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Uncovering Your Family's Story!
6 African-American Genealogy Research Tips to Get You Started

1. Talk To Your Kinfolk

     Put together a family tree based on the information you know and the information you can get from family members.  Family charts can be obtained from the Internet. Interview your relatives, mainly the older generation first. When visiting relatives, be sure to take a voice recorder (or video camera) with you, as well as a tablet and a pencil, and any other devices that will allow you to record the information. Get names, dates, places where your ancestors lived, any famous family stories, etc.   You may be able to go back several generations in your family tree just from talking with your parents, grandparents, aunts, great-aunts, great-uncles, cousins, and other relatives. Talk to as many elderly family members as you can. You may find that some members of your family do not like to discuss the past. However, and hopefully, there will be other family members who will be happy to know that someone is interested in the family’s roots.

     When talking with your elderly relatives, a good idea is to generate conversations about their young days rather than continually asking specific questions. On one occasion, I asked a relative about the siblings of my great-great-grandfather. She couldn't remember any names, but when I asked her about her young days and the old people she remembered when she was growing up, an "Uncle Jack" appeared in the conversation. I asked, "Who was Uncle Jack?" The response I got was, "Oh, he's was Grandpa Hector's (her grandfather; my great-great-grandfather) brother." Not only can grandparents, aunts, uncles, great-aunts, great-uncles provide great information, I was able to garner great information from relatives who are my grandparents' cousins.

     Also, be patient and courteous. Develop a rapport with older family members so that you will be able to reach out to them more as you travel down your genealogical journey. As you begin to uncover your roots, you will have more questions.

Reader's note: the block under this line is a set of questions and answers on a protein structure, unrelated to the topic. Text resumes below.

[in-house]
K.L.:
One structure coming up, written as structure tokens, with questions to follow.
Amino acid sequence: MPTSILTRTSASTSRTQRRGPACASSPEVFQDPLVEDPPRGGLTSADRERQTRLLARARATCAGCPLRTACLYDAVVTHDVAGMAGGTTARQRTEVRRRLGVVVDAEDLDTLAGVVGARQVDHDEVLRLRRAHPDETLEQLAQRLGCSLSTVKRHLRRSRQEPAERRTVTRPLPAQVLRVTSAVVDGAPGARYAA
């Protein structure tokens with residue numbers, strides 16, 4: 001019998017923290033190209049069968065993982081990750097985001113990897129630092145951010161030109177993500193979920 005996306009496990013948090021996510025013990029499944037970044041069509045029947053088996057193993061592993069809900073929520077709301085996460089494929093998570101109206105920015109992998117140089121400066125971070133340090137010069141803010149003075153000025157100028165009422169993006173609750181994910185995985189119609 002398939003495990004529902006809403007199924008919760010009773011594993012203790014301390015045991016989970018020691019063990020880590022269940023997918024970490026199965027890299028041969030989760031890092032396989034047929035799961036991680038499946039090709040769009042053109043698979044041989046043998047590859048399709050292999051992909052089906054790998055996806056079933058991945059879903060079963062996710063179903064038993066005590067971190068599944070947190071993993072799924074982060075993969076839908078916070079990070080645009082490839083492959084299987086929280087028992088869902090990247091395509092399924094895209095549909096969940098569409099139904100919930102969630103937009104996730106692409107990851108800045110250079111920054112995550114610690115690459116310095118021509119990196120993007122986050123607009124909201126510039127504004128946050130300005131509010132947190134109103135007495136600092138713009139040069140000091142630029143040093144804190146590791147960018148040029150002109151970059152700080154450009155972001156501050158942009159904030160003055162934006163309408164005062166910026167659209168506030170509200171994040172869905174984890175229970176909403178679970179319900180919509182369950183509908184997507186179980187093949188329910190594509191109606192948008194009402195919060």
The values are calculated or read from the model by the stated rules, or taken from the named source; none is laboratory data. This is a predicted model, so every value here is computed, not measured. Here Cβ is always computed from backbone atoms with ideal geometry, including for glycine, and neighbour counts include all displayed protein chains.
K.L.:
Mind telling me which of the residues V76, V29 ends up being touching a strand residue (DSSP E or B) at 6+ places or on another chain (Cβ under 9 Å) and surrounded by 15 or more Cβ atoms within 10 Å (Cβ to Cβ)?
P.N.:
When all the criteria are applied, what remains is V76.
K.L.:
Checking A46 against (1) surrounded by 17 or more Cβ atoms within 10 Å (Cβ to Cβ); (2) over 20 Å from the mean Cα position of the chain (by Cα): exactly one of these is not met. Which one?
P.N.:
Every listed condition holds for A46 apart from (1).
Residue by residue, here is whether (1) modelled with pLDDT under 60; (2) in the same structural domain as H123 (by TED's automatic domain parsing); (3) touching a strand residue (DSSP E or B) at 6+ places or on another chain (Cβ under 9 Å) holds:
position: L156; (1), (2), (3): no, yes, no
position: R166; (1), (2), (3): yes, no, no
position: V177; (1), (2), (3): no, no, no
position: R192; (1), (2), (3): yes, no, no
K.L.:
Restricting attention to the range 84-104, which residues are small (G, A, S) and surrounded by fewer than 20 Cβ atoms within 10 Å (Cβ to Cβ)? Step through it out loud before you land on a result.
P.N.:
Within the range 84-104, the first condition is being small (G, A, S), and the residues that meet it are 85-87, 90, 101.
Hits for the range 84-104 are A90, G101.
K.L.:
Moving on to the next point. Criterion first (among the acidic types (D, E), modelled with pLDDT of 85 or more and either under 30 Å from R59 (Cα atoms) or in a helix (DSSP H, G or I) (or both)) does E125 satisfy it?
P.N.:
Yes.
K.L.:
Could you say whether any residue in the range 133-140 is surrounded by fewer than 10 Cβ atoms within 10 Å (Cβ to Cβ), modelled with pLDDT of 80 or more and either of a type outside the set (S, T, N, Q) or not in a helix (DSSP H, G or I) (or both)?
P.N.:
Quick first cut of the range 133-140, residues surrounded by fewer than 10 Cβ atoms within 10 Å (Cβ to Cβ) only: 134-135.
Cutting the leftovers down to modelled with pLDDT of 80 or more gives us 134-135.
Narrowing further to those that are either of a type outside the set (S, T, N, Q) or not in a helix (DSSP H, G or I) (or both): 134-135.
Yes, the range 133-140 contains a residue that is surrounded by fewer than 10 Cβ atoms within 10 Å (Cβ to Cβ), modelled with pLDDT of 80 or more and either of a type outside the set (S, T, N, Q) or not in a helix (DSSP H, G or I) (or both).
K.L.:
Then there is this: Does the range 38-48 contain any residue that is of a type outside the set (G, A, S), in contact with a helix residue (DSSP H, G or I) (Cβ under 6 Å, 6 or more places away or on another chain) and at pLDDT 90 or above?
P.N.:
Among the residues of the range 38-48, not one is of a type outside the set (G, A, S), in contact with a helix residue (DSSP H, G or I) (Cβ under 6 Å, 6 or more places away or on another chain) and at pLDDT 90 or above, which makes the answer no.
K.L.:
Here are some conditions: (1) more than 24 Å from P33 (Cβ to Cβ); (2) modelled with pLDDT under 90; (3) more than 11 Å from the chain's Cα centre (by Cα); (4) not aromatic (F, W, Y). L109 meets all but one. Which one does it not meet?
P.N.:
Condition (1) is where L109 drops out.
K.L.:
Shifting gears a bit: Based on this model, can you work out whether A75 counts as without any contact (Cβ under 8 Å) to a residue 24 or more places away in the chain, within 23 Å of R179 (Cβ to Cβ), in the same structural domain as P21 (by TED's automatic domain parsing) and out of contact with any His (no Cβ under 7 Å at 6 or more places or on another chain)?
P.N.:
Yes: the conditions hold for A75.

2.  Gather Records You and Your Family May
        Already Have

     These documents include, but are not limited to, the following:

     • Birth records
Old family papers (divorce records, insurance papers, membership cards,
       old church programs, military discharge papers, property deeds, any
       sources with names and dates)
Family Bible
Visit cemeteries for historical data.

"When an elder dies, a great library and archives burn to the ground."


. Read books about African-American Genealogy

     Books about or centered around African-American genealogy are available. These books can provide you with valuable information about more resources that are used to trace African-American history. They discuss many aspects of African-American genealogy.

     These books include:

  •      (1) Mississippi to Africa: A Journey of Discovery by Melvin J. Collier
         (2) Finding A Place Called Home,
    A Guide to African-American Genealogy
          and Historical Identity
    by Dr. Dee Parmer Woodtor
         (3) Black Roots
    by Tony Burroughs


Click book cover for more about this unique,
fascinating story of discovery and triumph.

4. Research, Study, and Analyze Federal Census Records

    Armed with names, dates, and places, head to the place that has census records. Such places include state archives departments, city libraries, libraries at some major universities/colleges, family history centers, national and regional archives, etc. Don't forget to take some money with you for copying purposes. Also, for a fee, you can access census records online at Ancestry.com.

     The 1940 census is the latest census that was made available to the public on April 2, 2012. See http://www.1940census.net/. Work from the known to the unknown by starting with the 1940 census and continue to the 1930, 1920. 1910, 1900, 1880, and the 1870 census. Unfortunately, the 1890 census was destroyed in a fire. Censuses prior to 1870 only included whites and free people of color. If you are viewing microfilmed census records instead of the digital images on Ancestry.com, a soundex is available for the 1930, 1920, 1910, 1900, and 1880.  Locate your family in the soundex first, which will tell you exactly where to find them on the county census records. However, the 1880 soundex only contain families with at least one child who was 10 years old or younger. If you can't find your folk in the 1880 soundex, then browse through the 1880 county census. Also, be aware that a lot of county boundaries changed. It is possible that families found in the 1870 census were in the 1880 census of another county and they never moved.